Gananoque itself is about six miles south of the station, at the point where the Gananoque and St. Lawrence rivers meet. It was founded in 1792 by Loyalist Joel Stone, and prospered early as a commercial and industrial centre. The community was located on Ontario's most important early transportation route, the St. Lawrence/Great Lakes system, and it had water power critical to the operation of mills and manufacturing facilities.
By the 1850s the Gananoque River was lined with factories on both banks (Figure 6), and the town considered itself a mini
Birmingham of Canada.22 Its
principal goods were those made from iron and steel; wheels, springs and axles for the carriage trade, barrel hoops, rivets, nuts and bolts, rakes, shovels, and many other small items. At one time, too, it was estimated that one-quarter of all the flour received at the port of Montreal came from Gananoque's mills, and the lumber and ship-building flourished for many years until the timber was exhausted.23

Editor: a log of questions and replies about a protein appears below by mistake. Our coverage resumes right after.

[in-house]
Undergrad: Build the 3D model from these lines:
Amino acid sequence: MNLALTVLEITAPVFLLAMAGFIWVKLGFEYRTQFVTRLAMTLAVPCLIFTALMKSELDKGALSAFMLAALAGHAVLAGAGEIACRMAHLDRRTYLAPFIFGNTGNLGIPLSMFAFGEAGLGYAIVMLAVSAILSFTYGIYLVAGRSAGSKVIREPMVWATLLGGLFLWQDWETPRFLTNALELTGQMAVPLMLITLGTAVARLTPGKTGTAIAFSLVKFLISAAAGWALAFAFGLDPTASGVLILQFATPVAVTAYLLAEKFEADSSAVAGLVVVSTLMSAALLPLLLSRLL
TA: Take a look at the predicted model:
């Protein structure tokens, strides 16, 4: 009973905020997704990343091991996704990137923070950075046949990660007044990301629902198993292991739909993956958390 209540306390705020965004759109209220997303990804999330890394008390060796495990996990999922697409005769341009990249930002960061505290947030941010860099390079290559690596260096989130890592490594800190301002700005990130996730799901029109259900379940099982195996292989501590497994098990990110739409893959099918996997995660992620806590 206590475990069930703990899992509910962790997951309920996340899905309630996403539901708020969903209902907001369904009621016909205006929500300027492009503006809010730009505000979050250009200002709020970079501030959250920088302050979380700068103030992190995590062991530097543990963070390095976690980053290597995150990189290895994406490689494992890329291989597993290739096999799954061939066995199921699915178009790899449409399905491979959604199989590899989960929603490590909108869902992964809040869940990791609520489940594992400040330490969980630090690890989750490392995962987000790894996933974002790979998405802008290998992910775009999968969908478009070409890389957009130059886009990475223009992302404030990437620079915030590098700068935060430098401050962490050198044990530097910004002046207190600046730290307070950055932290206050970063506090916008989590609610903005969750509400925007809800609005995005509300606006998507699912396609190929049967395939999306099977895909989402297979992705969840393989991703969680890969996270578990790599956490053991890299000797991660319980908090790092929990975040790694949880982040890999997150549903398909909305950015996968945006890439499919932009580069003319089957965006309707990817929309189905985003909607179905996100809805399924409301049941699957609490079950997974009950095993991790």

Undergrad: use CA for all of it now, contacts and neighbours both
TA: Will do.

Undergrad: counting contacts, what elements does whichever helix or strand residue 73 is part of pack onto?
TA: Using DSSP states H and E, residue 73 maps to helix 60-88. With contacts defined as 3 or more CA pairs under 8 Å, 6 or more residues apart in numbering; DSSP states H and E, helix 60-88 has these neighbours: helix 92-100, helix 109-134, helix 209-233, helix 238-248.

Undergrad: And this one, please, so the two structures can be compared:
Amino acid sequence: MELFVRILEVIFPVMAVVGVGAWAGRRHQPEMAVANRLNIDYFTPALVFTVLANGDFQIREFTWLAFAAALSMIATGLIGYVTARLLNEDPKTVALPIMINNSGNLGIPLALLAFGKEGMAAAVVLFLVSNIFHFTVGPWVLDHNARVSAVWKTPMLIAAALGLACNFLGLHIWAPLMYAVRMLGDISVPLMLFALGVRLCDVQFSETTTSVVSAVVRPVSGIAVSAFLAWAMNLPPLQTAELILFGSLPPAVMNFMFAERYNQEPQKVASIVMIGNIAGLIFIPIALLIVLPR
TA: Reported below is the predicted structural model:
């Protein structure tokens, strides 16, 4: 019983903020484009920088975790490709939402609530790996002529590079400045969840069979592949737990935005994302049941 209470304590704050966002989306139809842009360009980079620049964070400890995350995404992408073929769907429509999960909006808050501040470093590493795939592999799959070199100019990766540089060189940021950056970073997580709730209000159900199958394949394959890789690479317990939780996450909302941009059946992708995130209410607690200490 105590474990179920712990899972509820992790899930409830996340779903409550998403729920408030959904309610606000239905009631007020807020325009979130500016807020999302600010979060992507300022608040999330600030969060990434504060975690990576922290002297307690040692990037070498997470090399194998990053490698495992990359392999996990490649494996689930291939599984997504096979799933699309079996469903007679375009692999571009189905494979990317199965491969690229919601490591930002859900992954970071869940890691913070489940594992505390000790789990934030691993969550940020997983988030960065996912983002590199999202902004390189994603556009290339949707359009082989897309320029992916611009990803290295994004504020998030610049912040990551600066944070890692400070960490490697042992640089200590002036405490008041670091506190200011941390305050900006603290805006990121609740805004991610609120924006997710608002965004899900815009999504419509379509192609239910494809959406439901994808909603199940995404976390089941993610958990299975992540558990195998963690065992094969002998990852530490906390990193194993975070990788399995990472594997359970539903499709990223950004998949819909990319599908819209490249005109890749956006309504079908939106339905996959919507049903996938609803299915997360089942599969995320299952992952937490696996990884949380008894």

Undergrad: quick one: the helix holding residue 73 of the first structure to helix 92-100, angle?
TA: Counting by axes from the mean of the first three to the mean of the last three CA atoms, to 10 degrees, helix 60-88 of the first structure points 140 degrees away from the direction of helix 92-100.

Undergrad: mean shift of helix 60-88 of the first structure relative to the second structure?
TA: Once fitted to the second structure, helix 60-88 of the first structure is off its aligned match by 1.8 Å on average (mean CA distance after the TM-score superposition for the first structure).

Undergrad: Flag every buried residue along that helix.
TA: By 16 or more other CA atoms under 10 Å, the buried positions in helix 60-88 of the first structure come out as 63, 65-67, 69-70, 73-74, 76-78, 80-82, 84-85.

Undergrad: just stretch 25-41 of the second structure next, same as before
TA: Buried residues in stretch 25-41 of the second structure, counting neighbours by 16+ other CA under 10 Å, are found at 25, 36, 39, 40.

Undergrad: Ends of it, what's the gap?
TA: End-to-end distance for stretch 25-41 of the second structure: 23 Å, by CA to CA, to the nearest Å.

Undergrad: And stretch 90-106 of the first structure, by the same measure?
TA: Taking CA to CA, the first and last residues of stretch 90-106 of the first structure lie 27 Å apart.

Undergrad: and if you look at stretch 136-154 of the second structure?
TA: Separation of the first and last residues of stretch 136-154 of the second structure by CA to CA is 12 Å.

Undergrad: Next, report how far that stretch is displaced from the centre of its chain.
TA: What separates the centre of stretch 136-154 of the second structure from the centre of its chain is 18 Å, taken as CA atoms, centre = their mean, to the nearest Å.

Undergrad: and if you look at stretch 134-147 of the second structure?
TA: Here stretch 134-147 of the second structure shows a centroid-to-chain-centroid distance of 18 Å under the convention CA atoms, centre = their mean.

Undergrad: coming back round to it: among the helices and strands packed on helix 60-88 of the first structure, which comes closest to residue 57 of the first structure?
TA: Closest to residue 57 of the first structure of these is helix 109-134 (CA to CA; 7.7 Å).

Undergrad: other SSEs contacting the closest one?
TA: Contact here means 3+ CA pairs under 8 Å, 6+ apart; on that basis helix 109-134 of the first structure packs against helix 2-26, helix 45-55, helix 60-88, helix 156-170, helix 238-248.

The Town of Gananoque's24 investment in the TIR in 1889 was one of the avenues attempted to spark future industry. Its success was short-lived, but in the meantime Gananoque used the TIR to up-date its profile for potential investors. The TIR's route zigzagged all around town (Figure 7), stopping at every possible industrial and passenger location.
A second avenue provided more lasting results. As one promoter stated,